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After selling books through vacation the time came to return to school, but his father fell sick, and for days lingered between life and death. After he began to recover he went West to recuperate, leaving the support of the family on Leroy. When September came again, his money was gone. He found a position as night operator in a telephone office, and continued here until school was out.

Looking back over the past, he says, “They who trust in God and work will gain the victory,” and he assures the world that he is not sorry that he made the effort, and assures every young man who has good health and determination that he who wants an education can get it.

Liberty, Missouri.

THE REAL NEEDS OF THE WORLD

CARL E. RANKIN

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At present there is much discussion as to whether a young man should earn the means for his own education or not. I shall try to give, in this paper, my reasons for working my way through college, and the methods I am using.

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My reasons for obtaining the money for my education by my own efforts are threefold. In the first place, I believe that I can get more out of my college course if I have to bear my own expenses. The student who goes to college with the purpose of working his way through will strive harder to make every moment count than the student who has no such responsibility. Secondly, I believe that by working my way through college I will be better fitted for life through training in economy. Economy is something that is essential to success and happiness. We can acquire it only by long and incessant practice, and surely there is no better opportunity for practicing this important acquirement than during our college days. Last of all, I believe that I should work my way through college because in so doing I will be of more service to the world. Before a man can be of the most service to the 256 world he must have a broad education that has trained him to reason and observe. He must be able to see the needs of the world and must have the ability to cope with them. Thus it is to be seen that if I will be better equipped for my life work by educating myself I will be able to see the real needs of the world, and surely if I am better equipped to see those needs I will be better fitted to take my place in life and cope with them.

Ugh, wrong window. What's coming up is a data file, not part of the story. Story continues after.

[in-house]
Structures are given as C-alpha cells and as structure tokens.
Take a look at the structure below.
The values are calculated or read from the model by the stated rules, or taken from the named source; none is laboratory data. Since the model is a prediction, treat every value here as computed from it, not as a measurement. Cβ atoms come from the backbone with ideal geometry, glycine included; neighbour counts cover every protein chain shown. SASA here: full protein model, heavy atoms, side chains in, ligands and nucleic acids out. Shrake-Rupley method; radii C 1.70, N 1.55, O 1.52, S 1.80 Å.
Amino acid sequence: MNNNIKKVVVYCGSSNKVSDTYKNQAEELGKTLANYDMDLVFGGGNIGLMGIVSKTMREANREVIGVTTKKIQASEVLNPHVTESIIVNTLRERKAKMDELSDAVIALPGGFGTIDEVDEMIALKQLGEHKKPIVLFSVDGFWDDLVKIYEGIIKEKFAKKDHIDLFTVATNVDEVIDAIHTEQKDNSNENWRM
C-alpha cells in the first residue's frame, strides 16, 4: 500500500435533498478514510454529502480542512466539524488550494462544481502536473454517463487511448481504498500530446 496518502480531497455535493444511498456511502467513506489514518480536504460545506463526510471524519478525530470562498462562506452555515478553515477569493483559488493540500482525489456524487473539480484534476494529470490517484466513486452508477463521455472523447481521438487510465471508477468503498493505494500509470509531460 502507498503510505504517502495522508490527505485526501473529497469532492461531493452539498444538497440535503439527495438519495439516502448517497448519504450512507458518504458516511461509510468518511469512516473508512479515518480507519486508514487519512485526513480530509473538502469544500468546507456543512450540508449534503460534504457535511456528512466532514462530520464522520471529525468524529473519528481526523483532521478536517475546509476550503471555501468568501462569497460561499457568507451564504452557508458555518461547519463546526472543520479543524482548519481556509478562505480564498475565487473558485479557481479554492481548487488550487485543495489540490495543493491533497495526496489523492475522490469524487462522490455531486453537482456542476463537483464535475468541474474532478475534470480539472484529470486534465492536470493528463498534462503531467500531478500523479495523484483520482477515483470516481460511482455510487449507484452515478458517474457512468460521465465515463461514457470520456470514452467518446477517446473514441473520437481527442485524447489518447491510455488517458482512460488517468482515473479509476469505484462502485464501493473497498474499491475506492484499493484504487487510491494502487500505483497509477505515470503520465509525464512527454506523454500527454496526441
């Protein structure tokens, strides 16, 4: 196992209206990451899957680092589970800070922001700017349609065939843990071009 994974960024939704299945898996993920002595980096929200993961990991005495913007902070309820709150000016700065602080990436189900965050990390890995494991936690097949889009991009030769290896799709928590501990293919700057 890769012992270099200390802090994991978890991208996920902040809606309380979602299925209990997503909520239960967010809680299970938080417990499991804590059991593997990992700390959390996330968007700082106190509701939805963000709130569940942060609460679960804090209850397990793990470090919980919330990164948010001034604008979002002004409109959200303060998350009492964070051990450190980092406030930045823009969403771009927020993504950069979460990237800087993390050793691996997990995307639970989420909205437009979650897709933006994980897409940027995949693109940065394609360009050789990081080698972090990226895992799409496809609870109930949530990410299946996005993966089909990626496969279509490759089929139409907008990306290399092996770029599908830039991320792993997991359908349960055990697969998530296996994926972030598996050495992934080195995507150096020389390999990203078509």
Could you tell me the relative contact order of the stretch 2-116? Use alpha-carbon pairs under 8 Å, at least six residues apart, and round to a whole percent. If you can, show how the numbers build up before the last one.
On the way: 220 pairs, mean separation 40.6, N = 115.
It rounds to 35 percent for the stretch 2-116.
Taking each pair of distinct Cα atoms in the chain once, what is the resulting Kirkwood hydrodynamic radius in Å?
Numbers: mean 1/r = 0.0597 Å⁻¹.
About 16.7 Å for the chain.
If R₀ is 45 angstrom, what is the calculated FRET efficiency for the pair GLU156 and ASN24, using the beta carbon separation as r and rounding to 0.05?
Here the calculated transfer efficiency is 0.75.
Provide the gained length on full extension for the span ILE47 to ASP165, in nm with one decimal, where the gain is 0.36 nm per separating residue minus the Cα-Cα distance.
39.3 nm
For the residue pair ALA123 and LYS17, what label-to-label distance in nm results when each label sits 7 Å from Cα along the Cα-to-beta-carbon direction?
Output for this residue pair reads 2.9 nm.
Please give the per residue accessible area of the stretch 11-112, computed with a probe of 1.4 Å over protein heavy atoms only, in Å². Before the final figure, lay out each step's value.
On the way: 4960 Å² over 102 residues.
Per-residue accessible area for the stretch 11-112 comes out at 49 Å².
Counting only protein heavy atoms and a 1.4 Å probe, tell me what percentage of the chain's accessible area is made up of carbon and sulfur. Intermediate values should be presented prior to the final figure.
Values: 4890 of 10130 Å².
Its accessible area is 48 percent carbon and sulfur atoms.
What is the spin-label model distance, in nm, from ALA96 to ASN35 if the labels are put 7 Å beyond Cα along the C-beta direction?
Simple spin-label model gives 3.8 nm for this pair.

There are three methods I am using to earn money to bear my expenses: First, by working during vacation. Last summer I worked on my uncle’s farm, and was able to save about eighty dollars. Secondly, I do some kind of work during my spare hours while I am at college. In this way I have been able to pay my board. I find the most profitable employment to be that of agency work of some kind, such as selling clothing, ties, college and class pennants, and stationery. In the third place, I borrow some money each year. I am paying interest on this money, and hope to be able to pay back the full amount within a few years after I finish my education. In addition to the money that I borrow, since I am a ministerial student, I receive some money from the presbytery each year. In this way I count on a total of about two hundred and sixty dollars a year.

Davidson College, Davidson, N. C.

THE ONE WHO SUCCEEDS IS THE ONE WHO TRIES

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MARGARET HELEN SCURR